Well, I’ve finally come up with a good material to use for sensors, and a good way to attach the wire leads to the fabric, and a good way to attach the sensors to the glove. Finally. Here is the short version:
- Material: stretch conductive fabric (Cat. #251 from LessEMF)
- Wire attachment: wire glue followed with a bead of 5-minute or 30-minute epoxy
- Sensor attachment: sewing with regular or conductive thread
Honestly, I don’t think conductive thread is necessary because the material is so incredibly conductive itself. Unless you sew all over the surface with non-conductive thread, you really probably aren’t going to have any problem at all.
I came to the above conclusion about the material because it excels at every single property necessary for touch sensors except solderability. It’s thin, stretchy, easy to sew through, and insanely conductive, particularly when you touch two pieces together. Many of the materials I tested were perfectly conductive between two points on the same piece of material, but pressing two separate pieces of material together didn’t result in an electrical short. Since the glove is entirely built around the concept of touching sensors together, this is obviously a critical problem.
The boringly labeled “stretch conductive fabric” is made mostly of nylon and achieves its conductivity because the nylon is silver-plated. That’s why it so expensive, but as I calculated in the last post, even one linear foot (~$60) of material cut from a bolt of that stuff would make sensors for about 50 gloves. That’s not prohibitive at all, really.
Of course, after deciding to use a fabric that I can’t solder wire to, I had to come up with a way to reliably attach a wire to it while maintaining conductivity. The answer to this problem turned out to be a thin application of wire glue first, and then another thin application of epoxy to add strength. The wire glue is great for conductivity, but very poor at holding something in place under stress.
The perfect joint is achieved by applying only a very small amount of wire glue, since the somewhat porous nature of the fabric actually allows it to flow through to the bottom. You really don’t need a whole lot, since the real work will be done by the epoxy. The wire glue is really only there to make sure the epoxy doesn’t somehow separate the wire from the fabric. After the wire glue is dry (give it an hour or so), mix up a small glob of epoxy and apply a small bead with a toothpick or something similar. Flatter is better, since the thicker it is, the more raised the sensor will be on that corner.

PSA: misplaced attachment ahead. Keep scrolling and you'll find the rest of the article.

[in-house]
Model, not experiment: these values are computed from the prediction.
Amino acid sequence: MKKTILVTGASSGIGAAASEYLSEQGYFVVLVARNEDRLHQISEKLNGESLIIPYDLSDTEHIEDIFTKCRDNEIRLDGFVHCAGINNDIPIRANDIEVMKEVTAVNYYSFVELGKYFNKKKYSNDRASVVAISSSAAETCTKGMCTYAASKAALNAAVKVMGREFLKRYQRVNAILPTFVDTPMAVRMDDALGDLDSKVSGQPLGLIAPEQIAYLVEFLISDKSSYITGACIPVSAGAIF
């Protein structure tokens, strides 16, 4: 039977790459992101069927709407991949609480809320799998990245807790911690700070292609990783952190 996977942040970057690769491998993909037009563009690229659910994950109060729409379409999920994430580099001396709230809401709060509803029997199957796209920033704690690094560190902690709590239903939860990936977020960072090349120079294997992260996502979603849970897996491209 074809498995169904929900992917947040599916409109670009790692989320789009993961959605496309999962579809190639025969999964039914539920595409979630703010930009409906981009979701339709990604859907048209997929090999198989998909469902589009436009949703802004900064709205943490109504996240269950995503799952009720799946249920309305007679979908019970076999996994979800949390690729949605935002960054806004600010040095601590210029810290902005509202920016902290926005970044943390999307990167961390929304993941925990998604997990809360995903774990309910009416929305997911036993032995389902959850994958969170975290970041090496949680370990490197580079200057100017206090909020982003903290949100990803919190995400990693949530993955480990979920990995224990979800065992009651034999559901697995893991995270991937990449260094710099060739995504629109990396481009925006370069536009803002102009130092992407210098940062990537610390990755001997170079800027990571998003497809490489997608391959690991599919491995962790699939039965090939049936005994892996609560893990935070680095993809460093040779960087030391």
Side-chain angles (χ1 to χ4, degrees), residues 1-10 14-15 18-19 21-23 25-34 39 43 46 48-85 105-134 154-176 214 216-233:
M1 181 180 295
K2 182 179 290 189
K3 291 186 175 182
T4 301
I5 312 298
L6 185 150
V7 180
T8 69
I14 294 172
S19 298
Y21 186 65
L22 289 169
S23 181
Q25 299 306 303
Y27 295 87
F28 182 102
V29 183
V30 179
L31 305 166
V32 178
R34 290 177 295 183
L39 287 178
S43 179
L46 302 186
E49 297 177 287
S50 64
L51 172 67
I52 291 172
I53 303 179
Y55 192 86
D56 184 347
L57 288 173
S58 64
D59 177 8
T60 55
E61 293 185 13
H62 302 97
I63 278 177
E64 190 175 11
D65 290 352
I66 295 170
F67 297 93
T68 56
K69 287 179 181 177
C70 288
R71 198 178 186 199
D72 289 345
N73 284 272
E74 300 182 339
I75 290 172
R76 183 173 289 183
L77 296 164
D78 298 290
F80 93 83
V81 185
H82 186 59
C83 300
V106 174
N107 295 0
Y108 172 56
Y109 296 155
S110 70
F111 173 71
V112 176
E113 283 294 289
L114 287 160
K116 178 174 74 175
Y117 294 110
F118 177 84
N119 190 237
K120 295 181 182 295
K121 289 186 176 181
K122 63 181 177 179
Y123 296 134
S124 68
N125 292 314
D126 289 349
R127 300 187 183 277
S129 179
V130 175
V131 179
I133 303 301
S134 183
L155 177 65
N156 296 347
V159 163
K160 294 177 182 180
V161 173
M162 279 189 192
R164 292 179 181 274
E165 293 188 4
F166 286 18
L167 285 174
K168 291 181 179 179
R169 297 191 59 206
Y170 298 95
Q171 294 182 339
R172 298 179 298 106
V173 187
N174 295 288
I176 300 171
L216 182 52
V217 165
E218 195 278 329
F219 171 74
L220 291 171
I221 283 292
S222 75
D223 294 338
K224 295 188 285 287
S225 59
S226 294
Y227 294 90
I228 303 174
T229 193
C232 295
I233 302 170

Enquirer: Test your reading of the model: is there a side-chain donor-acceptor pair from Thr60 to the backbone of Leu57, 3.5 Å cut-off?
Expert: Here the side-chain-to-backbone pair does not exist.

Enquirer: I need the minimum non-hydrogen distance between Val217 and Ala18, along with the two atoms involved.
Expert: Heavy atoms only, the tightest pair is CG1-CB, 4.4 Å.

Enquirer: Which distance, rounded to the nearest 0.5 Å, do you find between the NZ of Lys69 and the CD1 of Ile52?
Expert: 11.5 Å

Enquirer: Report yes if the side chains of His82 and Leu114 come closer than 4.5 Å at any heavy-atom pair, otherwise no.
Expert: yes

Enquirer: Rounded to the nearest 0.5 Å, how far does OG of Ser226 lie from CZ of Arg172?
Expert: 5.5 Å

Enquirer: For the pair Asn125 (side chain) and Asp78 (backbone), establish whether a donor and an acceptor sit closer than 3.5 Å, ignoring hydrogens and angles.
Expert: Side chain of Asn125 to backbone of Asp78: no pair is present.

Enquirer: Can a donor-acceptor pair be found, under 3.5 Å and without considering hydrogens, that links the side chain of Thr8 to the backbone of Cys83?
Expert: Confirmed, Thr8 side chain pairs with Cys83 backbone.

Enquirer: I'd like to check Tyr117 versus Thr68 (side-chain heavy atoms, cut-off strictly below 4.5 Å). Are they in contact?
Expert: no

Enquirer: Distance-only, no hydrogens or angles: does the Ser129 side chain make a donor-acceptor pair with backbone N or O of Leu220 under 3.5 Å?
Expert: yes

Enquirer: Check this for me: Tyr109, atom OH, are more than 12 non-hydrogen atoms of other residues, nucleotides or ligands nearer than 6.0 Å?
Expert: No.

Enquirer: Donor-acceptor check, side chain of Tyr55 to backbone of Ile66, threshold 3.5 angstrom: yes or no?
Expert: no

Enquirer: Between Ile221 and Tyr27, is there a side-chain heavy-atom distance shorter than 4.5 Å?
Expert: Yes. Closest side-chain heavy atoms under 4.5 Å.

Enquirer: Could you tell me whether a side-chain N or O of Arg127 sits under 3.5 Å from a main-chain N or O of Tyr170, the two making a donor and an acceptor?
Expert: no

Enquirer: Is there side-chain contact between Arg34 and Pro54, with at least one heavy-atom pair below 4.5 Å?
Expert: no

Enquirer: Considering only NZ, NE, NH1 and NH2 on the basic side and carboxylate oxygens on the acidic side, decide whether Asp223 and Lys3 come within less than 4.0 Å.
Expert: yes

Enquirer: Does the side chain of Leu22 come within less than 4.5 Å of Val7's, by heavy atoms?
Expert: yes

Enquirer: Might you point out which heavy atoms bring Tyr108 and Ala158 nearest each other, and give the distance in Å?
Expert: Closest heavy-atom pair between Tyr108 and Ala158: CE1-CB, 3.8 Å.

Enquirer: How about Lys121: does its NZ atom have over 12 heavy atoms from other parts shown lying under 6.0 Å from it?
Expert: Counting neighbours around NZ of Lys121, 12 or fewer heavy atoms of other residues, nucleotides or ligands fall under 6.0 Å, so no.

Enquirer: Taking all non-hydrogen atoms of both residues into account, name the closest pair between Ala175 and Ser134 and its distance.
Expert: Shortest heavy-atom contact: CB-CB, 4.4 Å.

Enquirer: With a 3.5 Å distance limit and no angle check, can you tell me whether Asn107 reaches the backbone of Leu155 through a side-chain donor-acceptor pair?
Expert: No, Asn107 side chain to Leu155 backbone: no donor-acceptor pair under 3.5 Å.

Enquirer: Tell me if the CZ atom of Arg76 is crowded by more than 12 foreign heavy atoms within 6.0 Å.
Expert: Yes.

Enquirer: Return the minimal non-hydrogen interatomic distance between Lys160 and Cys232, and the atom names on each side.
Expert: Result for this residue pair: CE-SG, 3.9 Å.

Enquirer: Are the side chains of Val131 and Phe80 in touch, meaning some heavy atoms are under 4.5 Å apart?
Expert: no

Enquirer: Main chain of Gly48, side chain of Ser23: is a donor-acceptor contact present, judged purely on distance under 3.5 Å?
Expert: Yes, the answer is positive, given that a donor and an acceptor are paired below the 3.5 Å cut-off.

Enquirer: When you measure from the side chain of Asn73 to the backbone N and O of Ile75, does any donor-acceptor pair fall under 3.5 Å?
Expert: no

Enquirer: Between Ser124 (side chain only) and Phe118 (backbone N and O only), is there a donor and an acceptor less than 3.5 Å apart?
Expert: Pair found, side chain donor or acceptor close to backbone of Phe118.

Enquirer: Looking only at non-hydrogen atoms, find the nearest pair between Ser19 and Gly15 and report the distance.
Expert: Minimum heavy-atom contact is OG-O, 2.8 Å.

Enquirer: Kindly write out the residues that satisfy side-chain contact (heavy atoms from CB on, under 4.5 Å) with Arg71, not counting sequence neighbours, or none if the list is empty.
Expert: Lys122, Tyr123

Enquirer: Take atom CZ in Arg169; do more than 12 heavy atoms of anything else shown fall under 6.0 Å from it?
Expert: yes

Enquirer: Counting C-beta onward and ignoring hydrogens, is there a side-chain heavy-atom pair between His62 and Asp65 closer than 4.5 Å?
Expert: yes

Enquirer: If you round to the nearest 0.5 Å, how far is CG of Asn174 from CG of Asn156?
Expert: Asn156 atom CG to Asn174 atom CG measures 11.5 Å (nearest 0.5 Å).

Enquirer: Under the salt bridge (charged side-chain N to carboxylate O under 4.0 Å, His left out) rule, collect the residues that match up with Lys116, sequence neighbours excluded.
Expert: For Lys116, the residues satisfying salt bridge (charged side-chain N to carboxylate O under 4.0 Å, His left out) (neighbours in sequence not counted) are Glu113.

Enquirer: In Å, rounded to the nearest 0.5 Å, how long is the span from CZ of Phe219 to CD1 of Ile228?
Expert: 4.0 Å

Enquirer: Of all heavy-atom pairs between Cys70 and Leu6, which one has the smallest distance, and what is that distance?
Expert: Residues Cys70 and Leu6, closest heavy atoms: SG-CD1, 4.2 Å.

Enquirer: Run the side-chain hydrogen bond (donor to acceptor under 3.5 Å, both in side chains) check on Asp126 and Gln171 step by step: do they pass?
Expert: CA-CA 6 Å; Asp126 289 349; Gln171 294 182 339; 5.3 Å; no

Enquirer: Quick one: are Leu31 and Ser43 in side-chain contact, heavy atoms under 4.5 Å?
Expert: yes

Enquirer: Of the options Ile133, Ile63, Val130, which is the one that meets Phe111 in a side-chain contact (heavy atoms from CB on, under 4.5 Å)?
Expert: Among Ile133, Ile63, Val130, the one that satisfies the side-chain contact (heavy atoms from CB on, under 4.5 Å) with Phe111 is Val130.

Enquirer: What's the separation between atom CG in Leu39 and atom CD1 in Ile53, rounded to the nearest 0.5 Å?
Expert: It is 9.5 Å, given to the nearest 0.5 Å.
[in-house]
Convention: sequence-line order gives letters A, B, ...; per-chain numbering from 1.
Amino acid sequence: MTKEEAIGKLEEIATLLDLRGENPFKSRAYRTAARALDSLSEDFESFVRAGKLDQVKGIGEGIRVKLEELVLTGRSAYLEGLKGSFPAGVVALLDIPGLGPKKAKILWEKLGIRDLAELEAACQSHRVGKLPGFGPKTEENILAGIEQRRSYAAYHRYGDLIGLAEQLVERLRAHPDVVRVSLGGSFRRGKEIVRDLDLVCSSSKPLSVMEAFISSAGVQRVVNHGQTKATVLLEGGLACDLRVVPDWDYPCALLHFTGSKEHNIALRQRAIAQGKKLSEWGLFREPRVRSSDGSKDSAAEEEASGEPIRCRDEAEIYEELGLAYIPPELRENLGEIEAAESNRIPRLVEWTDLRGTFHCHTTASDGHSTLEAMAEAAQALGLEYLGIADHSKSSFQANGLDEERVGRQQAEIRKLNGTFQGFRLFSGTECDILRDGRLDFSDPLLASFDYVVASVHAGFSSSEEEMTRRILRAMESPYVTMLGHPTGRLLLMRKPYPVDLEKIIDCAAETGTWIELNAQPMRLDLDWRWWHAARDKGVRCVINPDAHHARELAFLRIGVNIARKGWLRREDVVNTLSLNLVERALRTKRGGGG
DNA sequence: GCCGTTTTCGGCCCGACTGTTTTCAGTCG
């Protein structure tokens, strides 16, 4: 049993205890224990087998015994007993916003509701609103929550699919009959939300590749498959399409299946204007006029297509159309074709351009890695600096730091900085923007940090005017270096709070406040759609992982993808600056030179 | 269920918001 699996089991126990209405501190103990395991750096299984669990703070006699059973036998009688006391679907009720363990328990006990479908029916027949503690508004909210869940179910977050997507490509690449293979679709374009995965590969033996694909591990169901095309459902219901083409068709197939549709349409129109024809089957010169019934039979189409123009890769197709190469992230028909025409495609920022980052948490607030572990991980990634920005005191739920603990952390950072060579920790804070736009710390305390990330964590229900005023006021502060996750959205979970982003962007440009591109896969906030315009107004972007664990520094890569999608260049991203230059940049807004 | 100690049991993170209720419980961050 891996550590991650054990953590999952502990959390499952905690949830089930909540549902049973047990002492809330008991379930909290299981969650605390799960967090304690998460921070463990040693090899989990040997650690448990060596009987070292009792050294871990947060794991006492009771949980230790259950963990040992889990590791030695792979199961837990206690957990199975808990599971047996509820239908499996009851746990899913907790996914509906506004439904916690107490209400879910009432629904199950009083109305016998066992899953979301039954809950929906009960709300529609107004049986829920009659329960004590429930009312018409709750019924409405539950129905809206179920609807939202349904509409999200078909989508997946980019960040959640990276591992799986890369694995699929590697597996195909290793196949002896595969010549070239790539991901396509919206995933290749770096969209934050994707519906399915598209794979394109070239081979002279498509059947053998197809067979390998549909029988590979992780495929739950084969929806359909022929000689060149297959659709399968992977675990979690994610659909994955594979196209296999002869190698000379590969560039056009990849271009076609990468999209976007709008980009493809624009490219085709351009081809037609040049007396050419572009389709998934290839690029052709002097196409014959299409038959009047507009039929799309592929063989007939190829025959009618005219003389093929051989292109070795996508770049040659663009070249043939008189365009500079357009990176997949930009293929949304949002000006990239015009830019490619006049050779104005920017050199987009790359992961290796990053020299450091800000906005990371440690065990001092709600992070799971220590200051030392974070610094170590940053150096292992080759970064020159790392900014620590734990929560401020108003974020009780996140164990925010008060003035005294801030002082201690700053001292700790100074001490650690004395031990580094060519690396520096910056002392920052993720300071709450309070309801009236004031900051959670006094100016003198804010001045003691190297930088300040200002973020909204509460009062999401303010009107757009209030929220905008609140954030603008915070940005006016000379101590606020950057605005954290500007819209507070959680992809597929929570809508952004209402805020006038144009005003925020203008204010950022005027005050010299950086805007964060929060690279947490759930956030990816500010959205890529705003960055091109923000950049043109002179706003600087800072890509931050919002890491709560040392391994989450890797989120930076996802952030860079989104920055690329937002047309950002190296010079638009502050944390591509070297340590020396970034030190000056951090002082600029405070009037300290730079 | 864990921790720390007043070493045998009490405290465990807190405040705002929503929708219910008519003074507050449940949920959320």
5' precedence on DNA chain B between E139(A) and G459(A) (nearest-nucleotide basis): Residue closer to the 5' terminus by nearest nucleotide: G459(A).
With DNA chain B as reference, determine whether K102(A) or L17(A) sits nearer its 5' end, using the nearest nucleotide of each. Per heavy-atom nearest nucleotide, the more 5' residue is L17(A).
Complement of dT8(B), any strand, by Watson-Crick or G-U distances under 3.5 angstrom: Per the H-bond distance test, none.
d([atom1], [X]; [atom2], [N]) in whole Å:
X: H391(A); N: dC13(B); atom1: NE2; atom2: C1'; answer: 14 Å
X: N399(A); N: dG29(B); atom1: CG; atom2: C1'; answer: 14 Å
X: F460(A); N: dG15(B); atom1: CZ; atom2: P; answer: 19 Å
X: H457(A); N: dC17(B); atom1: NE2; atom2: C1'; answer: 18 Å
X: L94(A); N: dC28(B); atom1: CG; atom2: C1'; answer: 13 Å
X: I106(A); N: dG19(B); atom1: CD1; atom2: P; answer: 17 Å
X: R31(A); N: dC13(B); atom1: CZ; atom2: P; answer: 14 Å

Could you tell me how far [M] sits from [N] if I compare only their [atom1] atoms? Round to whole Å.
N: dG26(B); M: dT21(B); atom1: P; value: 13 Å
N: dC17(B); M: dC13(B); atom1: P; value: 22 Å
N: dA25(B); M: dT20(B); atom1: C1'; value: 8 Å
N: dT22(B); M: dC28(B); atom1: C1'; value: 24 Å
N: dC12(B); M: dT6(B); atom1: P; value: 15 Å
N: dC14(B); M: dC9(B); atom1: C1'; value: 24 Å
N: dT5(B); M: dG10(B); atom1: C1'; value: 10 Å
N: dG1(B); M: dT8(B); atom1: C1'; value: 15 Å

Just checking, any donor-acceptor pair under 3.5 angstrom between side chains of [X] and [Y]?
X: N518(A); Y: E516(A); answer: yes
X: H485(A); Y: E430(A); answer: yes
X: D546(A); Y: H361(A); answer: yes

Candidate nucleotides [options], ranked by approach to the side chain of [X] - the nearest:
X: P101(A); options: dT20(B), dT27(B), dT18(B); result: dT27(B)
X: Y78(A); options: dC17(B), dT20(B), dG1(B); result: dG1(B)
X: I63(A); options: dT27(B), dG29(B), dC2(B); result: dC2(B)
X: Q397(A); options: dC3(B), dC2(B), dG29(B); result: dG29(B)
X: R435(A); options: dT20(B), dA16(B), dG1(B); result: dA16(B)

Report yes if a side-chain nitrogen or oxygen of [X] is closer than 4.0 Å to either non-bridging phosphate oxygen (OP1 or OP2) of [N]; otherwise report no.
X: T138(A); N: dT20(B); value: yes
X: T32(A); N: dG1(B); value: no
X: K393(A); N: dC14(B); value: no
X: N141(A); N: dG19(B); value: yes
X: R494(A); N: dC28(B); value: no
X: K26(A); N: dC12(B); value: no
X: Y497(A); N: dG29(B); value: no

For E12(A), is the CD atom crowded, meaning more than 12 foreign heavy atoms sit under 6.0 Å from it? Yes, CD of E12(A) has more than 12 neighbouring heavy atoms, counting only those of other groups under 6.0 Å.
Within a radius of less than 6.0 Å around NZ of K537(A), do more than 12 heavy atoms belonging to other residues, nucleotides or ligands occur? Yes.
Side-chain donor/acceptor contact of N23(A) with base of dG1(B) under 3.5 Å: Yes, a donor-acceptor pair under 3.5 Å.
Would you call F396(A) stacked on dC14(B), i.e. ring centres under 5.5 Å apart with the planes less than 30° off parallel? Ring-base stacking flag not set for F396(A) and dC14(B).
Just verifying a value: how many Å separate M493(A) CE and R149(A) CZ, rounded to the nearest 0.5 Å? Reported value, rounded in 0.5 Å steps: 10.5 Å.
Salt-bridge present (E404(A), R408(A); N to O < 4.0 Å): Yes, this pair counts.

One other note: the fabric is conductive on both sides and through the center. Therefore, I put the wire on the back side to leave the front entirely open for maximum available area. It also looks nicer that way. The fabric has a shiny side (the front) and a less shiny side (the back), and seems to have a slight natural curl such that the front is convex and the back is concave. Hopefully that’s enough info for anyone to figure out which is which. See if you can tell from the picture above.
Now I need to actually try to attach one of the sensors to the glove to see if I can actually do it. The most sew-ish thing I’ve ever done before was a cross-stitch project about 10 years ago. We’ll see how it goes. I was going to try an iron-on double-sided adhesive strip, but the LessEMF fabric description very clearly states “DO NOT IRON.” So I guess that’s out.
I’ve been reading your blog with great interest… lovely project and really good and useful documentation. Really excited as to where this is going. I may just end up building one as well 🙂
Thanks! I’m glad the documentation is useful; it’s been a good exercise for me to put it up here. I can hardly wait to have a fully working glove and get a step-by-step build guide up.